Overall then these are exciting times for EMC. 12 months ago everything was paper talk, now we’re seeing things happen. This time next year we will know if the transformation has been successful.I predict the efforts of EMC will lead to a period of growth. What will be interesting is to consider who EMC’s competitors are. Alongside OpenText and Oracle on the ECM play I predict they will start to see themselves come up against SAP and more focussed solutions more.

Information Management Trends

I was asked this question in a meeting the other day and to be honest it caught me on the back foot a little, I’ve probably been too close to detail over the past few months to really take a step back and think. The question was ‘What do you see are the current trends or hot topics in the Information Management world?’. Whilst I gave an answer which I believe was acceptable I decided it was time to take a few moments to reflect on what I am seeing in the market. I’m sure there are other things going on out there but I thought I would share some of my views:

SharePoint 2010 – there is no doubt that this continues to be the product with the biggest influence over the market. More and more customers are starting to explore the features which SP2010 delivers and it is starting to find its home within the overall market. It won’t, in fact can’t, do everything that everyone wants but there is a strong discussion to be had on why not SharePoint!

SharePoint 2010 – this time I am considering the impact the product has had on the other vendors in this space. Whilst I think it is too far to suggest that the likes of OpenText, EMC, Oracle and IBM have given up on their core Document Management solutions they have realised that this is a difficult fight for them if they go toe-to-toe on the basic content services when compared to SharePoint. As a result they are all trying their utmost to find their space in the market. IBM and EMC appear to be placing their bets on the Case Management style solutions and OpenText appear to be focussing on the Social Media and Web 2.0 space.

Convergence of Data and Content – this is happening in so many different ways. Top of the tree is Big Data as more and more people are seeing that Big Data is not just about Big Databases but about the amount of information, structured and unstructured, which is generated. Furthermore we’re seeing an increase in the world of Content Analytics and the desire to look into the unstructured world to get more intelligence from this information. This also leads to a desire to act on this information – moving us to the area of BPM which is embedded into the IM world.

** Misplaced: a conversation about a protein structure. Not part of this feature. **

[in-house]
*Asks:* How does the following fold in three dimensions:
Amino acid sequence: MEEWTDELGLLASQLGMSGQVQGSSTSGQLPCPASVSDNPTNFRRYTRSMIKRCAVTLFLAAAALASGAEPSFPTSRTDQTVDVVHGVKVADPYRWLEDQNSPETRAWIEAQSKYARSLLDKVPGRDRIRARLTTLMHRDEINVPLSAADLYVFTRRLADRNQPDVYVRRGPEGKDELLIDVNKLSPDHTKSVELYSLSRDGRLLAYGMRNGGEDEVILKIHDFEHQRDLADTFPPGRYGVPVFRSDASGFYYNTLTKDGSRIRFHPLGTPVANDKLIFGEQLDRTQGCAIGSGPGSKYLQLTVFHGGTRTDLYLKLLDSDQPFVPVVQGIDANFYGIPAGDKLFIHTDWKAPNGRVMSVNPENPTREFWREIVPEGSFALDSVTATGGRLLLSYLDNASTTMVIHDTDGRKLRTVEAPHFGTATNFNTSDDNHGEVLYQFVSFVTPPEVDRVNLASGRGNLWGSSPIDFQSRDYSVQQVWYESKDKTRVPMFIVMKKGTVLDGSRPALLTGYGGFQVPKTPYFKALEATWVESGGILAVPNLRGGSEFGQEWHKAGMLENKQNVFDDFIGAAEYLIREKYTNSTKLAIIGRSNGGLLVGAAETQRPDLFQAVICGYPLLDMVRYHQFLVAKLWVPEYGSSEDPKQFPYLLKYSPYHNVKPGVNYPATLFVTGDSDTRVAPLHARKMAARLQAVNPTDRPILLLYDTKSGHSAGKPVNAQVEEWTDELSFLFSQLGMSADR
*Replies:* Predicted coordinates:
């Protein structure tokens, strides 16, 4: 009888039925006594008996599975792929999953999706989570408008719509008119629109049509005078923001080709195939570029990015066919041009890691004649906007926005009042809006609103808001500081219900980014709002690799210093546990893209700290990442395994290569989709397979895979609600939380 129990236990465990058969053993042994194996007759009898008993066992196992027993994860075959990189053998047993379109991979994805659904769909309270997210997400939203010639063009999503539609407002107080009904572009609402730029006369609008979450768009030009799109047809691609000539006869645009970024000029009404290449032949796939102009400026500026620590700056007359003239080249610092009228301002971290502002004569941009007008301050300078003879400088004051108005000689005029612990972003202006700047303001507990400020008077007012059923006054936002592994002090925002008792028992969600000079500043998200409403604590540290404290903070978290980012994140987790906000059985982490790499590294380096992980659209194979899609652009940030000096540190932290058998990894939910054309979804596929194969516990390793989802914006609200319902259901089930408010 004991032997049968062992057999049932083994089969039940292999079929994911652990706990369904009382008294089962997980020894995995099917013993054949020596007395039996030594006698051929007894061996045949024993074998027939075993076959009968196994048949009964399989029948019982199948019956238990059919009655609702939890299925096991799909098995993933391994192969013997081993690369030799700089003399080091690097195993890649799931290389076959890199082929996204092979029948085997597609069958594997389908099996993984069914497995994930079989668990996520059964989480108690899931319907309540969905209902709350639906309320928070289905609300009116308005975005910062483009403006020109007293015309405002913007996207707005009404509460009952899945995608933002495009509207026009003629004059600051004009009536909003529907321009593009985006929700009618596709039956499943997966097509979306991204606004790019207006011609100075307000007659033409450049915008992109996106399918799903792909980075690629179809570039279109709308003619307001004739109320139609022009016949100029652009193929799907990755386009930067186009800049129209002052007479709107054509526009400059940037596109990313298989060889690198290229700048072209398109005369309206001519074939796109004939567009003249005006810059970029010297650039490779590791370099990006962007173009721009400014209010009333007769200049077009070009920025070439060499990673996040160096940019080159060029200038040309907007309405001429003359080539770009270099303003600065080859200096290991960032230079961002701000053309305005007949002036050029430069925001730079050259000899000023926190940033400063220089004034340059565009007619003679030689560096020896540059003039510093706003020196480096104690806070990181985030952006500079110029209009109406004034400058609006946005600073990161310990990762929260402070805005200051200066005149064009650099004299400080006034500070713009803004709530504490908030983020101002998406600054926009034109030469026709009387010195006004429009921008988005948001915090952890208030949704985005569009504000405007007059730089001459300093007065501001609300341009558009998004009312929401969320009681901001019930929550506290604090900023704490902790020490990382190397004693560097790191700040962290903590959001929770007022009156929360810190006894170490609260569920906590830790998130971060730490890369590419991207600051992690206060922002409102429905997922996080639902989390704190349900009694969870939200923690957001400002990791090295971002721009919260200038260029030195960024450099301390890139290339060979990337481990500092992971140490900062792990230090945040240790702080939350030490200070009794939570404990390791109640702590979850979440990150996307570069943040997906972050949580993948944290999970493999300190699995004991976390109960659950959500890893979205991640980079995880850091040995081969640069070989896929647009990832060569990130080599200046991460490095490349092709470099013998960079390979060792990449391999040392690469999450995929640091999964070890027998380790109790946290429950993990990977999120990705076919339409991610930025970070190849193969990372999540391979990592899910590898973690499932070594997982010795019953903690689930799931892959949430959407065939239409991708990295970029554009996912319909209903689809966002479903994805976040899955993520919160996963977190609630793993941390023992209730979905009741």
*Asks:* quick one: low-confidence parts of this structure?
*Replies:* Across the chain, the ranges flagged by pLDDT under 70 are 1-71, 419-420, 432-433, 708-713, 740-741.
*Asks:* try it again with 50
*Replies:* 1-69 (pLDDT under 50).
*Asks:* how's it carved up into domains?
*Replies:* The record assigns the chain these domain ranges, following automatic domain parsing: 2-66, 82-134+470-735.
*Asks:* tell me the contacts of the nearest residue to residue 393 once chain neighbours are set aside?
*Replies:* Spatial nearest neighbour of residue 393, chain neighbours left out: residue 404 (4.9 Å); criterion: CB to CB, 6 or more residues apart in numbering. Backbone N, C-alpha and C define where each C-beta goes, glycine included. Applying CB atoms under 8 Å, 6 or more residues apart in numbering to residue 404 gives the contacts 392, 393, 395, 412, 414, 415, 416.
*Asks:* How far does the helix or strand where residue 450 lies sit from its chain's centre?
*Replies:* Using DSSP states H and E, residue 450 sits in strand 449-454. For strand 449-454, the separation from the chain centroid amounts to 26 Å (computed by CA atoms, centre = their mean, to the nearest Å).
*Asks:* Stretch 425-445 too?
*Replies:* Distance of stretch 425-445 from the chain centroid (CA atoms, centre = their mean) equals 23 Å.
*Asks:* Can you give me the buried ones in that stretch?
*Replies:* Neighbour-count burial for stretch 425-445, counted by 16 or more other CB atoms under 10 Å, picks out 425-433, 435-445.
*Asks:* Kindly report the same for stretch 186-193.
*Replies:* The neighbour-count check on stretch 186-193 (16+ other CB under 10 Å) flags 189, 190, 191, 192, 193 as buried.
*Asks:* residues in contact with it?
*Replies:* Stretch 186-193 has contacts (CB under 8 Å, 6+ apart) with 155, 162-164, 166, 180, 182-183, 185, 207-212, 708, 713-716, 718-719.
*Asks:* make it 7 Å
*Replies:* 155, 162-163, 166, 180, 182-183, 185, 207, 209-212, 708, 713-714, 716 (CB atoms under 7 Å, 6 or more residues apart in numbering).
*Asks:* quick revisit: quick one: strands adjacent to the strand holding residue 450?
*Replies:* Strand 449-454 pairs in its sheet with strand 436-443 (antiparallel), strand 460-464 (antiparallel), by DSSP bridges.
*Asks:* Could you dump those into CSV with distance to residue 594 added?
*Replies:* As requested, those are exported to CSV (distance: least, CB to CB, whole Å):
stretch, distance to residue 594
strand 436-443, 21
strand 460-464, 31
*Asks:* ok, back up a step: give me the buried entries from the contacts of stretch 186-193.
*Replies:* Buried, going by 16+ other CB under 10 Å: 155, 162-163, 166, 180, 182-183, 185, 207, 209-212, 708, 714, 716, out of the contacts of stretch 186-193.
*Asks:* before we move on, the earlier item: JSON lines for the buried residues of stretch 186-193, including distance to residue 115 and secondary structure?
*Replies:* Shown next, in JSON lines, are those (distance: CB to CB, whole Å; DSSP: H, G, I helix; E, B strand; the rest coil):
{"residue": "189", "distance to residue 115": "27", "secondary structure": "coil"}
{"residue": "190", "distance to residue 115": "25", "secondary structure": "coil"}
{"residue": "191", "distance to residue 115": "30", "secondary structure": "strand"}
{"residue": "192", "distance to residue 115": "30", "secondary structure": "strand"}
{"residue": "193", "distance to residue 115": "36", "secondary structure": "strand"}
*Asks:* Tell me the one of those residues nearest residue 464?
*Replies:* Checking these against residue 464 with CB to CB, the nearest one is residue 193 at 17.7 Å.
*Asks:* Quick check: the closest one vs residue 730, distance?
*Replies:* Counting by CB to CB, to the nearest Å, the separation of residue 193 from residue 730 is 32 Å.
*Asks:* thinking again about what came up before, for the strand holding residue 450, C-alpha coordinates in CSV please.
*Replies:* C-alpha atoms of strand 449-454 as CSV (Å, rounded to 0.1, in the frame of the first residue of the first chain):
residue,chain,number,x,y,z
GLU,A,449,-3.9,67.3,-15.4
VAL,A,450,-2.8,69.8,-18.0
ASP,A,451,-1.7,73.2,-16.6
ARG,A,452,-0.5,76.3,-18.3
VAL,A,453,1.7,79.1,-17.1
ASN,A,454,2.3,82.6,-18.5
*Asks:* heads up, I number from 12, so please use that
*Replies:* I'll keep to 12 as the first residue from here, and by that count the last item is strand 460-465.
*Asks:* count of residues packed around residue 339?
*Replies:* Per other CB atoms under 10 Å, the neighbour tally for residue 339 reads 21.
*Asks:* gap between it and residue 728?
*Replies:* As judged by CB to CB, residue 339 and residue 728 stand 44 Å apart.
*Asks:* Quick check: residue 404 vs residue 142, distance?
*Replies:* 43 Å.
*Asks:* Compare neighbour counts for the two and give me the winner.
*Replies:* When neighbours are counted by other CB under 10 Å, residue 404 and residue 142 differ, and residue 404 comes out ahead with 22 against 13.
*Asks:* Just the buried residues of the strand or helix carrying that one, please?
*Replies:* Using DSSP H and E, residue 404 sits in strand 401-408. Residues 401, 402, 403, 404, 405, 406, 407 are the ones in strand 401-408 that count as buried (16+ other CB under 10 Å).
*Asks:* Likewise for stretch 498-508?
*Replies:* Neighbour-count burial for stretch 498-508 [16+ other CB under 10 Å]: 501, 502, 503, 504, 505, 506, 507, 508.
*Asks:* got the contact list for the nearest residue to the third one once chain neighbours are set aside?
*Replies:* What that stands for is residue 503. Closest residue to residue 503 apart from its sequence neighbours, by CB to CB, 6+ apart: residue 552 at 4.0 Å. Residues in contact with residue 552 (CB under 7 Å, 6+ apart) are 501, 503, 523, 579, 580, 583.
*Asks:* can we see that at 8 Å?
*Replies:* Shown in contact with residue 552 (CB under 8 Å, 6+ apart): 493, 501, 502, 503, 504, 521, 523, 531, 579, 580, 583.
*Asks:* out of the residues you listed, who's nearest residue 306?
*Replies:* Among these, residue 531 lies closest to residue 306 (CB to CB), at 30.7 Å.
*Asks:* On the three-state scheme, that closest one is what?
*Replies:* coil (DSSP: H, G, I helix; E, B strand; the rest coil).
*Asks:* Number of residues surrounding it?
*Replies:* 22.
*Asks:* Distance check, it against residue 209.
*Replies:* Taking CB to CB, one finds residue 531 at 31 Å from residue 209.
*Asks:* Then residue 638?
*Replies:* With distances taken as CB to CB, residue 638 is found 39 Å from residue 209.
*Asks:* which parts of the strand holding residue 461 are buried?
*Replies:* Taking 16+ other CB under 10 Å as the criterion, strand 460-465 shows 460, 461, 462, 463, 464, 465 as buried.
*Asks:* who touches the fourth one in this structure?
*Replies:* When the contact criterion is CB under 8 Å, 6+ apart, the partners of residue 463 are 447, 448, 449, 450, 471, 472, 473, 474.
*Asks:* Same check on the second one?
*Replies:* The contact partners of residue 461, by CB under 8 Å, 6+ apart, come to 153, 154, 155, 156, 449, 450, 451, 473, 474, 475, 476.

Cloud – well everyone talks about it! Its still early days but we’re starting to see more and more moves towards consuming IT as a service and Content is an obvious choice to play in this space. The big vendors are still getting their heads around this area but as this progresses and the customers start to demand this more and more then we will see a change. Whilst the change will be interesting in itself I also think there will be a future challenge in how customers govern this information.

The New User – As per a recent post from Pie I don’t think this is Mobile but I also don’t think it is BYOD as we’re not seeing that happen widely enough…just yet! But there is an increased expectation from users on the IT service they receive, the way they interact with IT and the devices on which they can do this.

Demise of Portals – Strong and I don’t mean all Portals but the traditional JSR Portals are on the way out. They’re either being replace by SharePoint, see above, or more flexible architecture models. I’ve delivered a couple of programmes using the JSR Portals and they can work but its just too hard.

BPM/ACM/DCM – I don’t care what you call it but its out there. I’m of the opinion that the process is not so important but the information is the key. The need to use information to make decisions, the creation of information during the life of a ‘Case’ and the dissemination or retention of information once the process or case has been completed (I’m sure Max would say this is when the Goal(s) has been reached). The way people access, create or process this information will change but the information itself will typically remain the constant. Their is a bit of tension between the pure BPM camps and the ECM camps but we’re also seeing convergence, e.g. Kofax purchasing Singularity.

Changes in WCM – This has been coming for a while and I think the change has happened. Not so long ago the traditional ECM vendors tried to do WCM as well, the best example being EMC. Their product was suitable for only a small number of WCM Use Cases. We’re now seeing the specialist products take a firm hold in the market such as SDL, CQ5 and Fatwire. Interestingly two of those have been acquired in the past 2 years. Adobe have made a big bet on CQ5, it will be interesting to see what Oracle do with Fatwire, I would recommend keeping it separate from their UCM products.

I’m sure there are more, these are just my personal views but it just shows what happens when you take that step back to look at what is going on. There’s lots going on and the pace of change is quick.